🗑 The Shopify trash can
|Mike Dariano||Jun 17|
One of our common themes is that design matters.
Design is something everyone does.
Design benefits from experimentation.
Design is about effectiveness and appearance.
One story Tobi Lütke, a co-founder of Shopify tells, is the lunchroom trash can.
Shopify started as the backend for Lütke and his partners to sell snowboard. More people wanted their software than their snowboards and (yada yada yada) Shopify was born.
As the company grew to forty employees, Lütke decided to cater lunch. It went well. At first.
"By month two the novelty had worn off and Dan (Weinand) and I had to clean the kitchen area. We said, this is interesting, let's try something. First we posted a new policy: everyone has to clean up. That worked for a little while. Then we tried social nudging. We posted a picture of Daniel being really sad doing dishes to see if we could shame people into doing it. That worked for a little while.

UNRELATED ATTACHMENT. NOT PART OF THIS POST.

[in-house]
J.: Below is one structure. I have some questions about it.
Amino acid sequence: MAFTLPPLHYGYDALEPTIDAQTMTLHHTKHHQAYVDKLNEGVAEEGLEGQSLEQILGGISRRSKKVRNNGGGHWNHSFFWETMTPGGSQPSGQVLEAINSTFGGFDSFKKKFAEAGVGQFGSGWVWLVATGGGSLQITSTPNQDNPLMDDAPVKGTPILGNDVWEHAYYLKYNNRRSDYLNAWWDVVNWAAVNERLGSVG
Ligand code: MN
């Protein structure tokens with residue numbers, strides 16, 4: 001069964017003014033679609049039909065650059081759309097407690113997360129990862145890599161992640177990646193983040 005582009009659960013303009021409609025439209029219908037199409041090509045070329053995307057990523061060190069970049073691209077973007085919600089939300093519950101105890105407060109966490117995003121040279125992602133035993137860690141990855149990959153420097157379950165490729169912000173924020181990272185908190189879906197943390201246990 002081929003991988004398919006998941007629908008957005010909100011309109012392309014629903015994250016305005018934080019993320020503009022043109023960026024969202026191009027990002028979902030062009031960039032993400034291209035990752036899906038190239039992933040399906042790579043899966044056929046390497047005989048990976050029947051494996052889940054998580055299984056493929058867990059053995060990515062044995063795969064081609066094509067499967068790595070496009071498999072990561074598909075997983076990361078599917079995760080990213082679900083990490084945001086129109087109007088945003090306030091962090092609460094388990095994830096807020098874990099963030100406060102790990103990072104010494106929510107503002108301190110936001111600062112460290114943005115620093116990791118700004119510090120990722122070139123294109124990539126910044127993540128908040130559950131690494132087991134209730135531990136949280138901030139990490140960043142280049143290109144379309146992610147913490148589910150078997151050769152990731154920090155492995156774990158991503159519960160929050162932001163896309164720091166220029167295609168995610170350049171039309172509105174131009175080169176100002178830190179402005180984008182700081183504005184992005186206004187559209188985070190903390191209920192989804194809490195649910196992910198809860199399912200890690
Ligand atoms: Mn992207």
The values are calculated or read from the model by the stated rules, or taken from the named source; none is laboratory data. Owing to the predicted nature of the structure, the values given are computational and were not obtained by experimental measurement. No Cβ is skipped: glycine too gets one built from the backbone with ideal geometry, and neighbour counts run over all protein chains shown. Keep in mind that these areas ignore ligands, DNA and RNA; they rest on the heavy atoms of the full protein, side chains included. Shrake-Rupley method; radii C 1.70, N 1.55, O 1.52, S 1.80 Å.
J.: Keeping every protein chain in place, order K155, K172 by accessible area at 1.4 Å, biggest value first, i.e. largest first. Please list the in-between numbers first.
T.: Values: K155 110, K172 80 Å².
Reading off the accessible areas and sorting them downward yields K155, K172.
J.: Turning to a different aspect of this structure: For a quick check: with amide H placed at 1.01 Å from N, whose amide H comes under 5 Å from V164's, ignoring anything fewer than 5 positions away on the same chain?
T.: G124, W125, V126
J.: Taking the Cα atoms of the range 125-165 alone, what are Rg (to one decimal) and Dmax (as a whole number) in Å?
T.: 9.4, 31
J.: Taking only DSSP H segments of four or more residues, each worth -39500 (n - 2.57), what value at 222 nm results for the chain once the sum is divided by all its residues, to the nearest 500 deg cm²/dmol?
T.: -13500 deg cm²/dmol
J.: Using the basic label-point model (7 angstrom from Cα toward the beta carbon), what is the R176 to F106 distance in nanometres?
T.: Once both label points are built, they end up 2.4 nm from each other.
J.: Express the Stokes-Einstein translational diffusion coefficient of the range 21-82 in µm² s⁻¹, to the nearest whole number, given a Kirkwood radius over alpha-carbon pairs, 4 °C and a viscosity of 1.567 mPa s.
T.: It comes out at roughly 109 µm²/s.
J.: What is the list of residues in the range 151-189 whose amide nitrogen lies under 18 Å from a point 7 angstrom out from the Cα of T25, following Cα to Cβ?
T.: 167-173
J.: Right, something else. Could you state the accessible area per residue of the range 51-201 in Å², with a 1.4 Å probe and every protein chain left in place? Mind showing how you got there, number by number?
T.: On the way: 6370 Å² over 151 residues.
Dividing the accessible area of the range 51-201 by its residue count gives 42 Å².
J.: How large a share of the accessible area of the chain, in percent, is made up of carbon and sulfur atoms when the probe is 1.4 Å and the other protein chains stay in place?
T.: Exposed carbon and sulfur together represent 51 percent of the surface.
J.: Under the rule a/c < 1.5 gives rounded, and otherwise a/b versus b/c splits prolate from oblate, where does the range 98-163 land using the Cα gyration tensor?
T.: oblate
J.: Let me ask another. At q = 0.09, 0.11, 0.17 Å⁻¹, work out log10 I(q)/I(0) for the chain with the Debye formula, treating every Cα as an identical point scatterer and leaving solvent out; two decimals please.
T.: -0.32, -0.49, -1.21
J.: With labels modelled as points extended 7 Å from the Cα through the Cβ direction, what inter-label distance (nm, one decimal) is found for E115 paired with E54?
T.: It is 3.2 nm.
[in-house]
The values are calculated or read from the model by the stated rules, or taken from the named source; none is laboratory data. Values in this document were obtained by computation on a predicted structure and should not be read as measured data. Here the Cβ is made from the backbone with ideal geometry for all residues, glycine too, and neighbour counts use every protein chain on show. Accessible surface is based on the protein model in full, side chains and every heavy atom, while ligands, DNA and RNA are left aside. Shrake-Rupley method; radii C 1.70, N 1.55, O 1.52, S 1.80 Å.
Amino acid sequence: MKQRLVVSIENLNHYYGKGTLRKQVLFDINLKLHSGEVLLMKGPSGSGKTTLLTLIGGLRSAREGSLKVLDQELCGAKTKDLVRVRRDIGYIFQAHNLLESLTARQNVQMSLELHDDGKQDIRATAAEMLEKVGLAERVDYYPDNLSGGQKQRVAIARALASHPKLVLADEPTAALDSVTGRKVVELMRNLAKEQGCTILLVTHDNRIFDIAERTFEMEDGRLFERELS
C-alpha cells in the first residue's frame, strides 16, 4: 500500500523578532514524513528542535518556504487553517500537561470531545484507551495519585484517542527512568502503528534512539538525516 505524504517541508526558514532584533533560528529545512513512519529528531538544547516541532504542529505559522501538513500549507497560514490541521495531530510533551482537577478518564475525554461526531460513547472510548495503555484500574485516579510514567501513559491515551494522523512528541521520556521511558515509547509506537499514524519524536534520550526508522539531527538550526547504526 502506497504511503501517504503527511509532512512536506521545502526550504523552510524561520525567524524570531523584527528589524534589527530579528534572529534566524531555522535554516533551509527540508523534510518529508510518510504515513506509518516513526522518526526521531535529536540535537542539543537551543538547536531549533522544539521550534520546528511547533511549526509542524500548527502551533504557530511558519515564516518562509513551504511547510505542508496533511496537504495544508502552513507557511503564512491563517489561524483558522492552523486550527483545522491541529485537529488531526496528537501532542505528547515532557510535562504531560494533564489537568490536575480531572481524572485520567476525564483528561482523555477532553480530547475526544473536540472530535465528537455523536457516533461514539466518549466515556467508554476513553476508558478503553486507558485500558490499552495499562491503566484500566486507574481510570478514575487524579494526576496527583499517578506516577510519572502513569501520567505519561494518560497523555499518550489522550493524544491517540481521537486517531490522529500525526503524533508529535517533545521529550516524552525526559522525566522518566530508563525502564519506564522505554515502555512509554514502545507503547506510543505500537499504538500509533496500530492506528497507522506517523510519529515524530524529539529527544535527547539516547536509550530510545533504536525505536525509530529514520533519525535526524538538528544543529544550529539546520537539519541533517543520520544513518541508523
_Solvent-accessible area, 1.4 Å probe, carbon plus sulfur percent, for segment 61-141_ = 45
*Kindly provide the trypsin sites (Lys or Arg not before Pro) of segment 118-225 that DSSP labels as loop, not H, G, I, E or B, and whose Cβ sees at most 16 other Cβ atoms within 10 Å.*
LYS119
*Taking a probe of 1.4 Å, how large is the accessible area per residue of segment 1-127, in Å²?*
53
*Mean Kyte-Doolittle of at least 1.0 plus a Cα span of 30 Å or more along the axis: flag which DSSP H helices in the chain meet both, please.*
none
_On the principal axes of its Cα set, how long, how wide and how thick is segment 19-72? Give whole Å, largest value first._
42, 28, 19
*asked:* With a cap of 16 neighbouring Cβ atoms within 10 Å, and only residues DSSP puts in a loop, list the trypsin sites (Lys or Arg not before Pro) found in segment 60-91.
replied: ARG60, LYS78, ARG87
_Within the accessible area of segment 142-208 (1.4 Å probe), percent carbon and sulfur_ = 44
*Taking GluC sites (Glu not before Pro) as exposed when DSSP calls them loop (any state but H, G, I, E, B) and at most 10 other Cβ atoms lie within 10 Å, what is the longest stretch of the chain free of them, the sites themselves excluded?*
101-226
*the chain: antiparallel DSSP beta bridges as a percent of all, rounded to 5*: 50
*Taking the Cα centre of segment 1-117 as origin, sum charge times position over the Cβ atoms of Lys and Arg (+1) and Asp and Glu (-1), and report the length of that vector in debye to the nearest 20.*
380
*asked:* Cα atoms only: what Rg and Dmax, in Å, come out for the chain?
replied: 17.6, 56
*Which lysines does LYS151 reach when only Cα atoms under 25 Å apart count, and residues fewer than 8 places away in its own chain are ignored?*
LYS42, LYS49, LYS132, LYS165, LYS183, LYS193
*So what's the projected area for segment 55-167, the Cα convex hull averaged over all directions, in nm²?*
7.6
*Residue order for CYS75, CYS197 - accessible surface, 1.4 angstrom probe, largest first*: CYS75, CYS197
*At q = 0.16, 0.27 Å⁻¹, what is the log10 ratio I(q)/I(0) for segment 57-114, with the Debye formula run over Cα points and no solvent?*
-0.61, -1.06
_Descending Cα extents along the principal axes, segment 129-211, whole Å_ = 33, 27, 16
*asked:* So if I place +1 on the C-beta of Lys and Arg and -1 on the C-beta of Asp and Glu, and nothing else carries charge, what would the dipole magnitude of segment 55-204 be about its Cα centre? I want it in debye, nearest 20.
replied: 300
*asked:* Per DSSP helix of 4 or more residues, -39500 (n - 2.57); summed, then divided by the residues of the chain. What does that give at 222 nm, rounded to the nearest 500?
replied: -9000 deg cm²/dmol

“Eventually what we realized was that instead of getting people to change their mind we made it simpler to do the thing we wanted. Every exit now has a place for the tray and cutlery, and it's always empty and we've never had a problem. We are now six thousand people, we serve millions of lunches a year and it's never been an issue."
That’s good design.
Physical design, like trash cans, is often the easiest to see but design opportunities exist anywhere an action is taken. What procedures do your co-workers follow? What sequence do steps follow? What buttons do we click, tap, or slide? These questions are why design matters.